Supporting Actors: The Overlooked and Underrated (part 3 of 5)
Nicol Williamson as Merlin in Excalibur (John Boorman, 1981, UK):
Turning in by far the best acting in Boorman’s epic, Williamson sets the bar for all other interpretations of the Merlin character. Best known as an acclaimed stage actor with a history of incredibly unprofessional behavior, this is Williamson’s most memorable film role and will have you chanting the “charm of making” in no time.
Rutger Hauer as Roy Batty in Blade Runner (Ridley Scott, 1982, USA):
As an android seeking to prolong his short life, Hauer’s unique screen presence is perfectly utilized in director Scott’s atmospheric science fiction milestone. Hauer brings a sort of “alien” quality to the character Roy Batty and really makes this role a truly superior piece of casting.
Other notable Rutger Hauer performances: Nighthawks (Bruce Malmuth, 1981, USA), The Hitcher (Robert Harmon, 1986, USA).
Ricardo Montalban as Khan in Star Trek II: The Wrath Of Khan (Nicholas Meyer, 1982, USA):
Montalban, reprising his role as a genetically engineered warrior from the classic “SPACE SEED” episode of the original Star Trek series, hits it out of the park with this charismatic performance, creating one of the greatest screen villains of all time. An Emmy winner for How The West Was Won and more widely known for his TV work such as Fantasy Island, I’ve always considered Montalban, despite his very long career, an underrated actor. Seek out his work in the Gunsmoke episode “CHATO” for one his outstanding small screen performances. His Khan is an amazing cinematic creation and the actor’s finest film performance.
M. Emmet Walsh as Loren Visser in Blood Simple (Joel Coen, 1984, USA):
Usually relegated to smaller roles, veteran character actor Walsh shines as a murderous private detective in this modern film noir set in Texas. The film was the Coen Brothers’ first feature and it’s that fact that usually overshadows any conversation about the acting in the film. While Blood Simple is solidly played across the board, it’s Walsh’s lethal character that truly stands out here.
Other notable M. Emmett Walsh performances: Straight Time (Ulu Grosbard, 1978, USA), Blade Runner (Ridley Scott, 1982, USA).
Willem Dafoe as Rick Masters in To Live And Die In L.A. (William Friedkin, 1985, USA):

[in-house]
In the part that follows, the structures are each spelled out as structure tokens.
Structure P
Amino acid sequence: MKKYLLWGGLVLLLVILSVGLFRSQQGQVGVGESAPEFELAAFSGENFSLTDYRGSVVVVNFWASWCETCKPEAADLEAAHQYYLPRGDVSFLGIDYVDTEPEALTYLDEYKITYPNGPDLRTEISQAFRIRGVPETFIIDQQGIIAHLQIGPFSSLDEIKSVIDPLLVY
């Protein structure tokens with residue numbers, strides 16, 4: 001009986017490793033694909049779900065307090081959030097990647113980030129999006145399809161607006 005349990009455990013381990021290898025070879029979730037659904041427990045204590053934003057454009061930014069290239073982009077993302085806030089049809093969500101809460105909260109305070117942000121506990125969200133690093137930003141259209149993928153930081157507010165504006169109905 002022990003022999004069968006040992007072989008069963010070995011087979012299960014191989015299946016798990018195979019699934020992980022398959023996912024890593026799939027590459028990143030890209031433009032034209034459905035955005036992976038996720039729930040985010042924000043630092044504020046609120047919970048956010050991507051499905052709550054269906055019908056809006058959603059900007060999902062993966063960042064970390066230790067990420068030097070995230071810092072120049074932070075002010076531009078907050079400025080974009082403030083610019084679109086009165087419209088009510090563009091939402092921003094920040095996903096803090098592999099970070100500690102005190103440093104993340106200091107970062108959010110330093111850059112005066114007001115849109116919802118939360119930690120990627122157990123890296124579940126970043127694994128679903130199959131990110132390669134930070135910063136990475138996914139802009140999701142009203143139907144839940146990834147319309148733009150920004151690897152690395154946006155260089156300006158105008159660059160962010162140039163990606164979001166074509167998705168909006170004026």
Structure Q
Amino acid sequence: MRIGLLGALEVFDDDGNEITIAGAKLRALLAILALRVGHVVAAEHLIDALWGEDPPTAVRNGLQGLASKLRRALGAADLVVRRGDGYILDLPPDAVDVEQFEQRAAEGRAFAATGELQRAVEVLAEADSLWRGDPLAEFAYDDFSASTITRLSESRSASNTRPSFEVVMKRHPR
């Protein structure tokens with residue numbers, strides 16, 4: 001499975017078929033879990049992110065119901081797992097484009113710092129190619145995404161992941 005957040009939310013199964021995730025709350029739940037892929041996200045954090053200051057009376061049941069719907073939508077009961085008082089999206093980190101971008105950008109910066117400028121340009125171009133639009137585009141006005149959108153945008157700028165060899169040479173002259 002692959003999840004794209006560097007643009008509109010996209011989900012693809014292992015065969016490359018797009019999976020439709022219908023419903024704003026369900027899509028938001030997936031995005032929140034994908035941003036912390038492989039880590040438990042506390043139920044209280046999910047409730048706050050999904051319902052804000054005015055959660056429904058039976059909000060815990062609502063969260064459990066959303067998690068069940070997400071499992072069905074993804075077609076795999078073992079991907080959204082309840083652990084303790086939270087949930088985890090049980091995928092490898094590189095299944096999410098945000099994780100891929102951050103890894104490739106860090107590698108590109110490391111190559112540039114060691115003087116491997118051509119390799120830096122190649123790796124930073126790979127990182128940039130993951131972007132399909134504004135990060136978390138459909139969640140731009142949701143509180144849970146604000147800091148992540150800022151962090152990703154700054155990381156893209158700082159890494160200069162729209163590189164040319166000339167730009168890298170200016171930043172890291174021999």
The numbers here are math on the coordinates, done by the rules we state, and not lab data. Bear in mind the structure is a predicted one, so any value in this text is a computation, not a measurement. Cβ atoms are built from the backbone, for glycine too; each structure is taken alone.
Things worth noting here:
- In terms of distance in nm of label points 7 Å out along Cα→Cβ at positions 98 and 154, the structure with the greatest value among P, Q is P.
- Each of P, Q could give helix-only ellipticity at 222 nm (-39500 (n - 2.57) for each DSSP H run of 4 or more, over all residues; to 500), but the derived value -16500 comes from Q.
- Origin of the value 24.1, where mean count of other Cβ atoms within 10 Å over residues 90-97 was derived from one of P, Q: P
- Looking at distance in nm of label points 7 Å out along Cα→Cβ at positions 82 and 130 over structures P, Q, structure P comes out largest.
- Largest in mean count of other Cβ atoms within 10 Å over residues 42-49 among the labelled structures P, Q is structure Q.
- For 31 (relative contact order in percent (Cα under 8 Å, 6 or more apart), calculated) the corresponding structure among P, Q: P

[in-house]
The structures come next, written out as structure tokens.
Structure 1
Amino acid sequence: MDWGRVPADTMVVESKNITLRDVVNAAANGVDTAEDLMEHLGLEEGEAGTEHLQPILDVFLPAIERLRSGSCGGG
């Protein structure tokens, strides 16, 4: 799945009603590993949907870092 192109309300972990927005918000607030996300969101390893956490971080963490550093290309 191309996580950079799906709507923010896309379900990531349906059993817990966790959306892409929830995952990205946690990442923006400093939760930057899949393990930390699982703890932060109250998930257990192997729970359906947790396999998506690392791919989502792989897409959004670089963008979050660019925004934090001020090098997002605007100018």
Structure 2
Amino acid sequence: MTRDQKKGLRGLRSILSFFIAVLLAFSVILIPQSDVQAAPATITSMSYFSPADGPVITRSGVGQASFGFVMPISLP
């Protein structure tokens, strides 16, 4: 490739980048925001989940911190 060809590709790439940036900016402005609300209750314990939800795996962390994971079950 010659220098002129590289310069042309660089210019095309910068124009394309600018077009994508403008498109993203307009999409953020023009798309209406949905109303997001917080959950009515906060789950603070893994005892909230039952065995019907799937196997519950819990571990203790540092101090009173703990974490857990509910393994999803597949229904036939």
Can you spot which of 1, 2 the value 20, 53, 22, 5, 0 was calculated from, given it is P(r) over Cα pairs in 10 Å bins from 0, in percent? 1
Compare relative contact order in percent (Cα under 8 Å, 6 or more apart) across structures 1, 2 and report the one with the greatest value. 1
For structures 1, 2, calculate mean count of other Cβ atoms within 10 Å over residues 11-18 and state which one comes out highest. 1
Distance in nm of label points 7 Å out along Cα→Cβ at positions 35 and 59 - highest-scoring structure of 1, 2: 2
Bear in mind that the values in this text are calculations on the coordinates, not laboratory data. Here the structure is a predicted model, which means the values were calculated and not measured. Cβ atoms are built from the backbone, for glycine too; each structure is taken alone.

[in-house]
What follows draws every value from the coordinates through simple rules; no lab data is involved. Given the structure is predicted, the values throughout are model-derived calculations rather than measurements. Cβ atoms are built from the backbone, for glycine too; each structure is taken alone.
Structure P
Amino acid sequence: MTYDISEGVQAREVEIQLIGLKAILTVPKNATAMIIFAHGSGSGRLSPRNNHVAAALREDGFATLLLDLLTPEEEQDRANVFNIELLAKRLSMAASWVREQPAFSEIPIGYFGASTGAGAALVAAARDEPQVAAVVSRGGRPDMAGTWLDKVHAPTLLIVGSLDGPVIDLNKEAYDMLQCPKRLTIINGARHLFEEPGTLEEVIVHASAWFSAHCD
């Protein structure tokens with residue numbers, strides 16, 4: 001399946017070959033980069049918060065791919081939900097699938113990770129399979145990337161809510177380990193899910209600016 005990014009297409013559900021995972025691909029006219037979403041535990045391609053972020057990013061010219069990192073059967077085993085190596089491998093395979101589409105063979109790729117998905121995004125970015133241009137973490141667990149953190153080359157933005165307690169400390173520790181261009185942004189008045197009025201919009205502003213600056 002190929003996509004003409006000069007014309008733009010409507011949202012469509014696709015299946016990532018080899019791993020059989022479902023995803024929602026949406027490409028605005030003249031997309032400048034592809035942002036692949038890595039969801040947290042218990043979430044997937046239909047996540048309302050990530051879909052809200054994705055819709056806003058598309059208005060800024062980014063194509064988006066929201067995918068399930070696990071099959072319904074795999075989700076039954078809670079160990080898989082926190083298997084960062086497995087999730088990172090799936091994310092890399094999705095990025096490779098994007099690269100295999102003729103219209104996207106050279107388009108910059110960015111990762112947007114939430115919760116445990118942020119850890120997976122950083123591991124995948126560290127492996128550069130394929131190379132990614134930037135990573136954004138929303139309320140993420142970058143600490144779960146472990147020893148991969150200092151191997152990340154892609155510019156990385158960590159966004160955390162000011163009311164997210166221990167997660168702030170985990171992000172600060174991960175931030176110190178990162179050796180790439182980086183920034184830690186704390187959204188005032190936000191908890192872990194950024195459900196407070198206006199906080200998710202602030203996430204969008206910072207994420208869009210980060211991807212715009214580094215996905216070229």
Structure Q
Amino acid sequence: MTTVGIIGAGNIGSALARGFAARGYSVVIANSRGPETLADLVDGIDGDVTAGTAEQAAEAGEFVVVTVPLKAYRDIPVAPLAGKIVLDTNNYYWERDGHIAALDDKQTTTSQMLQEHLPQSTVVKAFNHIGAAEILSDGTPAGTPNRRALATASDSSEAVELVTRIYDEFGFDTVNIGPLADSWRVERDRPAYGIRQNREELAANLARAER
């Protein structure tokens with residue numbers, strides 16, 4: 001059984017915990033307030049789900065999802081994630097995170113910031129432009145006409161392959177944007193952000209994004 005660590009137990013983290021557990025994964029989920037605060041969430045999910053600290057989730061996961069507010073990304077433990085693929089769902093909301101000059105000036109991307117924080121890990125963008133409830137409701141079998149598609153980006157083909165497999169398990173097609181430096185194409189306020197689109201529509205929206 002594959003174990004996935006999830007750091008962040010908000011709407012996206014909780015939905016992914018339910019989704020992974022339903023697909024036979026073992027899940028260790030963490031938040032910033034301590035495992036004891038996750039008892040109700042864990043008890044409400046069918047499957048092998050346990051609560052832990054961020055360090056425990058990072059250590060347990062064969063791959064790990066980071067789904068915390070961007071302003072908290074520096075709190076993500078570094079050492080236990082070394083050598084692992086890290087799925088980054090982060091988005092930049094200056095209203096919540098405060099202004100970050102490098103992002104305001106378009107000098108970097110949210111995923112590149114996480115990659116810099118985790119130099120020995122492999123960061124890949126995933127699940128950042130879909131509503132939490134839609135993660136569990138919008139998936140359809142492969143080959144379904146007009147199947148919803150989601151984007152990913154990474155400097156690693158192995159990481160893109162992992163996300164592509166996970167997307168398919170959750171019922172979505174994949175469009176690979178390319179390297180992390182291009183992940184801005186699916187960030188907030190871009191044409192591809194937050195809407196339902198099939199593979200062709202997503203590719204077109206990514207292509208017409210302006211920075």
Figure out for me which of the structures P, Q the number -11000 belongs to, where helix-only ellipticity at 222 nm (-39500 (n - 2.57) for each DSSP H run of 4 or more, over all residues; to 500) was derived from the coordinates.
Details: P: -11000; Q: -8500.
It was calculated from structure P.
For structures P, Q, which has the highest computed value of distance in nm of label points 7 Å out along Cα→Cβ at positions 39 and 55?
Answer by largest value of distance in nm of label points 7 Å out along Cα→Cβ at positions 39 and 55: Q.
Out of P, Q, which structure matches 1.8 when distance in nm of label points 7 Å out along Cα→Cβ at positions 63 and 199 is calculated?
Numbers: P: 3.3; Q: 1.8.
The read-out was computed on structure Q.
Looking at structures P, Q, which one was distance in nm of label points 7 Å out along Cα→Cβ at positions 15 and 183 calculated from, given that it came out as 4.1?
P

Dafoe, a Best Supporting Actor Academy Award nominee for Oliver Stone’s Platoon (1986, USA) and E. Elias Merhige’s Shadow of the Vampire (2000, USA), turns in one of his best performances as a deadly counterfeiter recklessly pursued by a pair of FBI agents in director Friedkin’s last (to date) outstanding film. Dafoe’s critically neglected acting in this film is in fact far more memorable than his performance in Shadow of the Vampire.
Other notable Willem Dafoe performances: Platoon (Oliver Stone, 1986, USA), Wild at Heart (David Lynch, 1990, USA).
Chris Sarandon as Jerry Dandrige in Fright Night (Tom Holland, 1985, USA):
Sarandon, a Best Supporting Actor Academy Award nominee for Dog Day Afternoon (Sidney Lumet, 1975, USA) turns in one of his career highlights as the charming and deadly next door neighbor in Tom Holland’s goofy but highly entertaining slice of 80’s horror comedy. All respect to Colin Farrell, who portrays the Sarandon role in pointless remake, but there is only one Jerry Dandrige.
Other notable Chris Sarandon performances: Dog Day Afternoon (Sidney Lumet, 1975, USA).
Tom Atkins as Ray Cameron in Night of the Creeps (Fred Dekker, 1986, USA):
There was no chance in hell that this cult favorite was going to get any real critical attention in its day but Tom Atkins’ performance as a haunted police detective is reason enough to seek out this very uneven horror comedy. Atkins, an underrated actor, tackles both the humor of the role (“It’s Miller time”, etc.) and its unexpected and surprisingly effective dramatic side (the speech about his murdered girlfriend) with equal success, creating a great character that is far and away the best part of the film.
Other notable Tom Atkins performances: Halloween III: Season of the Witch (Tommy Lee Wallace, 1982, USA), Lethal Weapon (Richard Donner, 1987, USA), Maniac Cop (William Lustig, 1988, USA).
John Glover as Alan Raimy in 52 Pick-Up (John Frankenheimer, 1986, USA):
Glover turns in his finest big screen work as a lethal blackmailer in director Frankenheimer’s sleazy and very entertaining adaptation of the Elmore Leonard novel. Clarence Williams III and Robert Trebor are very good as his partners in crime but it’s Glover who steals the show. While he is best known on the small screen as Lionel Luthor on Smallville, seek out the Law & Order: Criminal Intent episodes “BLIND SPOT” and “FRAME” to catch Glover’s brilliant portrayal of aging criminal profiler Declan Gage.
Dennis Hopper as Frank Booth in Blue Velvet (David Lynch, 1986, USA):
Hopper was Oscar- nominated for Best Supporting Actor in this film year for David Anspaugh’s Hoosiers (USA) but the nomination was widely thought to have been heavily informed by his unforgettable (and highly quotable) performance as the deranged kidnapper in Lynch’s film. This recalls the Jeremy Irons Best Actor Oscar win for Barbet Schroeder’s Reversal of Fortune (1990, USA), largely thought to have been a delayed rewarding of his incredibly subtle and impressive dual role in David Cronenberg’s Dead Ringers (1988, Canada), a film clearly too dark for the Academy’s tastes. That said, Frank Booth is Hopper’s finest screen creation.
Other notable Dennis Hopper performances: Apocalypse Now (Francis Ford Coppola, 1979, USA), True Romance (Tony Scott, 1993, USA).